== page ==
Product 25
Poetry and Prose from the Center for Writers
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Goose Truncated

Three Disassembled Sonnets


--For Elvie who stays on renewing her visa after they're gone

I. Memorial

In a crosswalk,          flowers,     blood stains,               
shards of glass,                                reflective
marks,                left shiny chocolate wraps.

In a living room, car keys, rosary,
passports-- visas stamped,       leaned in pictures,
return tickets, glowing Virgin-- Mama
Mary, melted altar wax, candle flickers
in small dishes, incense burns, white smoke tails
of frankincense.

Start with seven round fruits, one should be plums,
                         finish with lychee,  sticky rice
in banana wraps , or finger-worn
photographs. Still life in daily spaces,
futon,        two chairs,      folding card table.

II. Chocolate Tita

We don't avoid her. We don't pretend
to not know. Kyle and Del know her as giving
with loss-- the tita who lost her children.
They know her stacked and bent boxes
of biscuits. They cry out from behind
baskets, slide around the counter,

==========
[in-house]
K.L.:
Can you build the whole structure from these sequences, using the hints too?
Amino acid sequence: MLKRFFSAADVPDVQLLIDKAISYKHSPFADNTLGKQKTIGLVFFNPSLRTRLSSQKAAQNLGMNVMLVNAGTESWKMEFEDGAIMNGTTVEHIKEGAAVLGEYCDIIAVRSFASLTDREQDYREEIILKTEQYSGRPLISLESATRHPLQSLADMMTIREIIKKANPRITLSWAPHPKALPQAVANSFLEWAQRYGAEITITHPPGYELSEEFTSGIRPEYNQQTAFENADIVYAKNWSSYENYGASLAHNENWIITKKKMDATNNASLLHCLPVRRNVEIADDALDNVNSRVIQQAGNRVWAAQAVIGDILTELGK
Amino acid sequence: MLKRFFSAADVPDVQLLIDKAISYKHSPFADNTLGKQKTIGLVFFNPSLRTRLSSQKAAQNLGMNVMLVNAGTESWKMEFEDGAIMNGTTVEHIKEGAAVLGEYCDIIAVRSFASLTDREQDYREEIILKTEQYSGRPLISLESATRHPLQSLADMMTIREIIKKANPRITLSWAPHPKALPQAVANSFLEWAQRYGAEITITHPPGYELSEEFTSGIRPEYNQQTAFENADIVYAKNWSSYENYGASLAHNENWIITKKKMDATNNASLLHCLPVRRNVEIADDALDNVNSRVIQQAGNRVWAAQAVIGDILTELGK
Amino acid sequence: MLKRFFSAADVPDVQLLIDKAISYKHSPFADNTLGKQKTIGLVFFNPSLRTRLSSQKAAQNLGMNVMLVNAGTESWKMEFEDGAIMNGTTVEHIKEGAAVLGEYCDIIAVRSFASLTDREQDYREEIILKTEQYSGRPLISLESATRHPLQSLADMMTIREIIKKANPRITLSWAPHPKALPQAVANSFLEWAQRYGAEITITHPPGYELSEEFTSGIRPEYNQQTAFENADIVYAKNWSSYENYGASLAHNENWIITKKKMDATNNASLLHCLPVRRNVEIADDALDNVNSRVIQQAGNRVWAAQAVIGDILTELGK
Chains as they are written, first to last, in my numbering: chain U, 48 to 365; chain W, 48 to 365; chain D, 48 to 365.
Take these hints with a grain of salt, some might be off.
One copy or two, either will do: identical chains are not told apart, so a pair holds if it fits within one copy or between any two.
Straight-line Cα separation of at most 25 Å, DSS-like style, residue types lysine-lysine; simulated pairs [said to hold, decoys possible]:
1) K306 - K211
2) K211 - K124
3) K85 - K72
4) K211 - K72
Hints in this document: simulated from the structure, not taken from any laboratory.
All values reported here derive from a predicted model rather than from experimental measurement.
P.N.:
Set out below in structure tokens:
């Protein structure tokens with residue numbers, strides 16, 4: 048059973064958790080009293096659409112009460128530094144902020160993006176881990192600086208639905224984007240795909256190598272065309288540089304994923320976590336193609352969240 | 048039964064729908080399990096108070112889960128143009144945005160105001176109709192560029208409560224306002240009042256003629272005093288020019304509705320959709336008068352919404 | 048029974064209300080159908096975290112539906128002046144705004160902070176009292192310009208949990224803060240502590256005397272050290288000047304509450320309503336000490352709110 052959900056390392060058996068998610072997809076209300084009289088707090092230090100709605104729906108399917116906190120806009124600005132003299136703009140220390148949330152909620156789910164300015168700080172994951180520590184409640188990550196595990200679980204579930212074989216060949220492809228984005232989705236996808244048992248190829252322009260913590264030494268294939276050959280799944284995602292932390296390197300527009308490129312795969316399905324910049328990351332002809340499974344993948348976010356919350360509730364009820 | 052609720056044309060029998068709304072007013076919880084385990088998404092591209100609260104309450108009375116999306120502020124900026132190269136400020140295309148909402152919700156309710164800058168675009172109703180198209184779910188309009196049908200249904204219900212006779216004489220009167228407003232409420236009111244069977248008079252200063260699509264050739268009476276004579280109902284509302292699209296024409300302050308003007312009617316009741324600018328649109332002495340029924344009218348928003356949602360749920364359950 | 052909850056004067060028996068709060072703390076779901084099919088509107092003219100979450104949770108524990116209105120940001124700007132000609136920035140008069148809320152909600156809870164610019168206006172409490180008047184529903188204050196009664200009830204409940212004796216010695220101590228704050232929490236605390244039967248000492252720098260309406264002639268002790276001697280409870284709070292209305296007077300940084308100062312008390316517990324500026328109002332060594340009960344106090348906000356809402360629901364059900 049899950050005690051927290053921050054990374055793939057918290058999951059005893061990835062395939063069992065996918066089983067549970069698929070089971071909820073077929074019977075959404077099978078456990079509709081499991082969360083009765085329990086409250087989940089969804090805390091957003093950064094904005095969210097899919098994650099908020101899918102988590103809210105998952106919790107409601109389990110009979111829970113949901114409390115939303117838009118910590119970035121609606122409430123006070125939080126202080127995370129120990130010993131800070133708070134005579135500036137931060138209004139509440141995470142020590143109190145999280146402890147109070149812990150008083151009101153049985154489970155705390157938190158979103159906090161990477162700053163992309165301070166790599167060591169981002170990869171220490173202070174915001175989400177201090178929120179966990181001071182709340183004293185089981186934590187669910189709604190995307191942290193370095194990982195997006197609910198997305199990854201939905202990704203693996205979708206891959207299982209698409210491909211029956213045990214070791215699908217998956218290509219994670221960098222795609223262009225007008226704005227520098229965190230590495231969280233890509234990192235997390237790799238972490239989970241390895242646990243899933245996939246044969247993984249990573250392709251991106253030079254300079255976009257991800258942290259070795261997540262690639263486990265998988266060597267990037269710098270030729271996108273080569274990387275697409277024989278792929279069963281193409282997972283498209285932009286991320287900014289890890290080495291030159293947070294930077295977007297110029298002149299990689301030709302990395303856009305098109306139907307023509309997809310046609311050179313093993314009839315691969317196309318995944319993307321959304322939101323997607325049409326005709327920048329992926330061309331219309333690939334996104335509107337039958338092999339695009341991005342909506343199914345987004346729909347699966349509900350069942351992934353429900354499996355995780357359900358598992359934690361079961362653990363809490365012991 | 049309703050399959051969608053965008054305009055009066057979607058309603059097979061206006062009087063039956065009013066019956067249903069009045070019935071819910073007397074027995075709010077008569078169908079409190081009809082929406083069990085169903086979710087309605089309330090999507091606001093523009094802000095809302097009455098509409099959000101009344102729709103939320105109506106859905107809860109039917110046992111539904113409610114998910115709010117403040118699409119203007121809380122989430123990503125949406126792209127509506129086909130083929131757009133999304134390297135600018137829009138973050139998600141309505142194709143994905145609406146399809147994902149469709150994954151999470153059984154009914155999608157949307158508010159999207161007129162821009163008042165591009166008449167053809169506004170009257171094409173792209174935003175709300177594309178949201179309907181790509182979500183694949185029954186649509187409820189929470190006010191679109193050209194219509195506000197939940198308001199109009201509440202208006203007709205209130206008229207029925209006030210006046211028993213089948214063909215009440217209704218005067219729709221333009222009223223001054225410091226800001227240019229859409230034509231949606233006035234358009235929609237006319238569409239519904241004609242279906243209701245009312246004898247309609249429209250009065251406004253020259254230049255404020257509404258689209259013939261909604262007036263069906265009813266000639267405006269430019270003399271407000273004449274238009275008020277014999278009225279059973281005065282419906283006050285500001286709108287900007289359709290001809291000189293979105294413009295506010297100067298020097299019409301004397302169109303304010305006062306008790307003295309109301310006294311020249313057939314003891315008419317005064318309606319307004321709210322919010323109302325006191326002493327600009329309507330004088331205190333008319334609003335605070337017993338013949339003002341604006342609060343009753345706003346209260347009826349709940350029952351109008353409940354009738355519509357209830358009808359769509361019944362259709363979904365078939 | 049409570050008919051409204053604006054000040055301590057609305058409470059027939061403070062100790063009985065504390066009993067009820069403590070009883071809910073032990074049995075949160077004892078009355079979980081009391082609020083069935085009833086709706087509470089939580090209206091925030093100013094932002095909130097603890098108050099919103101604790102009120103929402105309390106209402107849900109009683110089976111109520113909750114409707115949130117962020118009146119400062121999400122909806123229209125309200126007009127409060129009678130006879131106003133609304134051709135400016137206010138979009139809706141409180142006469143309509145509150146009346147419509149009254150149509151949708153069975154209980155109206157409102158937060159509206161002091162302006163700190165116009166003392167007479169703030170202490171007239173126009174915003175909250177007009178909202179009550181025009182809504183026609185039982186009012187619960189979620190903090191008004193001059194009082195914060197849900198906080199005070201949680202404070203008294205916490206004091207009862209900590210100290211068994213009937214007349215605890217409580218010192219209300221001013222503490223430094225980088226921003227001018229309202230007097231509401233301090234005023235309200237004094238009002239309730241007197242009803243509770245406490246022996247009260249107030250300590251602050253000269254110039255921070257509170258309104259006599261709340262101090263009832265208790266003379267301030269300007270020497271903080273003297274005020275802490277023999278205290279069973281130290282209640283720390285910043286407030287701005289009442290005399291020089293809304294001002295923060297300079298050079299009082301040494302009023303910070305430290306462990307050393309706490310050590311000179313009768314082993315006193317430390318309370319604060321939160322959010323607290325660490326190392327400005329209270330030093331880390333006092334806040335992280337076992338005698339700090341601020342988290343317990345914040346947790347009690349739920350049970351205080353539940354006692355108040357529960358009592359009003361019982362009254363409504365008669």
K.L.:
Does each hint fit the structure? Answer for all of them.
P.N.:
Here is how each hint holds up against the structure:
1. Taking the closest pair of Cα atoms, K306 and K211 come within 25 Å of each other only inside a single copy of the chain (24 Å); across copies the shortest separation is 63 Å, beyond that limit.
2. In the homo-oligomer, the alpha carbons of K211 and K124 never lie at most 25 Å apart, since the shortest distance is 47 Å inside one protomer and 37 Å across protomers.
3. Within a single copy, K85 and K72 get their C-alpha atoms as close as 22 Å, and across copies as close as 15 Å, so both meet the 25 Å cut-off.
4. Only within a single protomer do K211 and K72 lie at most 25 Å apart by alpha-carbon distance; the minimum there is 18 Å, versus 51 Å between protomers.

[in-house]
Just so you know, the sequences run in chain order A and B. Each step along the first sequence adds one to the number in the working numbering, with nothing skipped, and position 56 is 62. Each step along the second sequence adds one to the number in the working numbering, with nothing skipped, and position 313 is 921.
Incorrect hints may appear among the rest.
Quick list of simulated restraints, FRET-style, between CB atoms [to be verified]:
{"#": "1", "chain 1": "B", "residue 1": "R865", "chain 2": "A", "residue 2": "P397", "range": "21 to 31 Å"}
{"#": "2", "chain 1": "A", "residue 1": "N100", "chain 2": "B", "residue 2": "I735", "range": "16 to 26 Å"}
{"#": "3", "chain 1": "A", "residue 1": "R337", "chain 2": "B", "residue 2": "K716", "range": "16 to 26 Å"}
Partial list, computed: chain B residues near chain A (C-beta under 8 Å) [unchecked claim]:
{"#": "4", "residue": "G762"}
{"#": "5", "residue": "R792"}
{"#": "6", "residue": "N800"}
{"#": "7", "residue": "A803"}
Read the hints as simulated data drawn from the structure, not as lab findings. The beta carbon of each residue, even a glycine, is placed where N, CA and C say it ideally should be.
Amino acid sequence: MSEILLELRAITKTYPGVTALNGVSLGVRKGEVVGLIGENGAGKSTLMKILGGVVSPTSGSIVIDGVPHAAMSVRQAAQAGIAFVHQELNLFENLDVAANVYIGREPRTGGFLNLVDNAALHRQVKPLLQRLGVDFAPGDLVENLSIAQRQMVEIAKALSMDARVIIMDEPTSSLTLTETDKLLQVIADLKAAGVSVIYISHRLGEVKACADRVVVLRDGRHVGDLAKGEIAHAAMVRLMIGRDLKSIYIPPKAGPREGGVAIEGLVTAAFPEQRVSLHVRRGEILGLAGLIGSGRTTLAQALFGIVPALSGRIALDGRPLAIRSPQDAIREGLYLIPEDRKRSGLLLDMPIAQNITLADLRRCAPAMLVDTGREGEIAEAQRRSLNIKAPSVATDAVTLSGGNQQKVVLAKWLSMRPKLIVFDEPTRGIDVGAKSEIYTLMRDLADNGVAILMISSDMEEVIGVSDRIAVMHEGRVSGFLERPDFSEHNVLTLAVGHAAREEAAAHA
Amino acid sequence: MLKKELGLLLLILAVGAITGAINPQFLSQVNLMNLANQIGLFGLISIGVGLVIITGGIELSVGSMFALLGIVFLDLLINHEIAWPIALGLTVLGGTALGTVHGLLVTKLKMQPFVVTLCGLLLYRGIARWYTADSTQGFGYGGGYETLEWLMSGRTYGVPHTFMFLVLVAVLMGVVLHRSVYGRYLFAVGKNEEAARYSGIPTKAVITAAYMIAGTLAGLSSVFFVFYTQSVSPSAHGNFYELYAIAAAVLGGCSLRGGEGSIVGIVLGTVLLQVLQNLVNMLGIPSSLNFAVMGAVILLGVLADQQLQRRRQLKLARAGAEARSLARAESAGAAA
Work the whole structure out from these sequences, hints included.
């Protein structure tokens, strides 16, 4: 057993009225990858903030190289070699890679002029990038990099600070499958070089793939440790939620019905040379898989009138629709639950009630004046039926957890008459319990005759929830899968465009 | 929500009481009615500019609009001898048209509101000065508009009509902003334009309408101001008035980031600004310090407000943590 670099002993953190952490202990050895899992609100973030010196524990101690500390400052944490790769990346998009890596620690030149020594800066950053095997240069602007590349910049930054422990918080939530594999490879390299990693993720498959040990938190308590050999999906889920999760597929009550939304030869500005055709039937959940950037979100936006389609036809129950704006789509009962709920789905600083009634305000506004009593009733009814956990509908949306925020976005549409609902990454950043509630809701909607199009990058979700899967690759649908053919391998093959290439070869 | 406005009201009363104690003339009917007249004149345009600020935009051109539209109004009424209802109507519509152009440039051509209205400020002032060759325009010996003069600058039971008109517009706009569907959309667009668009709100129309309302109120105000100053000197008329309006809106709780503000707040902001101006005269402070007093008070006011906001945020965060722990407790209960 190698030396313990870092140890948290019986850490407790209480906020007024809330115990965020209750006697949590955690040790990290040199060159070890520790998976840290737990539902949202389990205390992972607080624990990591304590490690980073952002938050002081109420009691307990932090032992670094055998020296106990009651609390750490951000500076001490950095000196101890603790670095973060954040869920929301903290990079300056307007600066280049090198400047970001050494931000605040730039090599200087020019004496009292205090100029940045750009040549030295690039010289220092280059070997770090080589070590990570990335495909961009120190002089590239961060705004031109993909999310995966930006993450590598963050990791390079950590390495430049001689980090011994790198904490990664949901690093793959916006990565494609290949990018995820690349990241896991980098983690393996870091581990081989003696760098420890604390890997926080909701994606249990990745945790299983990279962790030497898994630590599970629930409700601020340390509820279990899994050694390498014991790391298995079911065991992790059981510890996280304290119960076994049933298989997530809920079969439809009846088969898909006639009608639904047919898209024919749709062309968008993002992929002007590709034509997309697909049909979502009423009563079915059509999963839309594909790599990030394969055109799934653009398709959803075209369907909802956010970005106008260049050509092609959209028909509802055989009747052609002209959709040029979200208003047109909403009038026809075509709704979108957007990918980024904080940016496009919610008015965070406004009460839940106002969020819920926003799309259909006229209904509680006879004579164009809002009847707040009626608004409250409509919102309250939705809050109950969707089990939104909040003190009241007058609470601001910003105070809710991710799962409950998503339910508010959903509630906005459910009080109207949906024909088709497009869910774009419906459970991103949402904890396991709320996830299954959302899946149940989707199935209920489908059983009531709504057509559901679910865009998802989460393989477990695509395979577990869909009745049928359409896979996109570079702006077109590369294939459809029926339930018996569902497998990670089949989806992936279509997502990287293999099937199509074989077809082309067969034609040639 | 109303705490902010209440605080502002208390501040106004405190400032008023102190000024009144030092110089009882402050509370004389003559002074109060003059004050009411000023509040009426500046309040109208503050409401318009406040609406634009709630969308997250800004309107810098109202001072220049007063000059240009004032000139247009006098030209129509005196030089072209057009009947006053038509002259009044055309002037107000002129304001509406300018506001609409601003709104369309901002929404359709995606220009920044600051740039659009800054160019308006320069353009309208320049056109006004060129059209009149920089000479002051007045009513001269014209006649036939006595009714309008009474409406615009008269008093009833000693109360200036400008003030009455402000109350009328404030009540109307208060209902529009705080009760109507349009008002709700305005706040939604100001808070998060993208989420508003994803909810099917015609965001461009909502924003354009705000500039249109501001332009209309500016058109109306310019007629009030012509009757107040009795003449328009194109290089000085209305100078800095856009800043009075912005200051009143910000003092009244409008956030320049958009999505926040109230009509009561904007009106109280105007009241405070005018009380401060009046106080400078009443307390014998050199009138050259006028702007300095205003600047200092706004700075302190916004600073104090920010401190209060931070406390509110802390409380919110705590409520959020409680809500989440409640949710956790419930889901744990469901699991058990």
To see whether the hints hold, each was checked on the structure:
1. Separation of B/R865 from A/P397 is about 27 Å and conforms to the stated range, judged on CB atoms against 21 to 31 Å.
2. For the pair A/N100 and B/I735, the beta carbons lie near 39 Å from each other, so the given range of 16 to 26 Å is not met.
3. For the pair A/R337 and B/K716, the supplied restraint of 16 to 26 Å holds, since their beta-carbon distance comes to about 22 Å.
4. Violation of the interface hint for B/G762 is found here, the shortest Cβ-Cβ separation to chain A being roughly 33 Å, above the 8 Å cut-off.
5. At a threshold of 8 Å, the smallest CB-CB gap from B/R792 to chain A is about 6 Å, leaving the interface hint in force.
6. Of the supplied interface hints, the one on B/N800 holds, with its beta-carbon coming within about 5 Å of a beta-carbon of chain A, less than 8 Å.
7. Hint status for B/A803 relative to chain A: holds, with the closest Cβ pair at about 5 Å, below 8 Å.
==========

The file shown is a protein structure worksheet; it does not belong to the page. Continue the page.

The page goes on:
Tita, tita, chocolate, tita!
Anaks, she says, and gently smears their faces.
Touch opens their hands. She holds them steady
at their wrist,        counts,
drops squares into their palms.
Grins squint their eyes.       Colors fall from her
fingers.                                            Why does Tita cry?
              No one knowing the faces answers.

III. Elvie Responds

I'm still here amongst the white towers
of men who wait on shuffled circles of bread,
where each dropped sesame biscuit lowers
girls in bright child dress to crosswalks, extends
their brothers' arms to a familiar pause.
I'm thick in geometries, arbiter
of wide round trays of sweets, of discrete loss,
where a date maamoul is an accident
rolled over and over in memorial.
Slips become a stain of sweetness, sworn
in negotiated tongues, flaking memory
of baklava as surface gloss,
                       until a daughter moves,
             until she finds her stumbled feet.

--Al Ain, United Arab Emirates

Randy Gonzales is a poet who was born and raised in New Orleans, but has spent most his adult life residing in places like Fukui, Yongin, Abu Dhabi, Pohang, Calamba, Alabang, and Al Ain. He has recently returned to the United States to pursue a PhD in English at the University of Southern Mississippi. His writing touches the intersections of culture / place / identity / human relationships.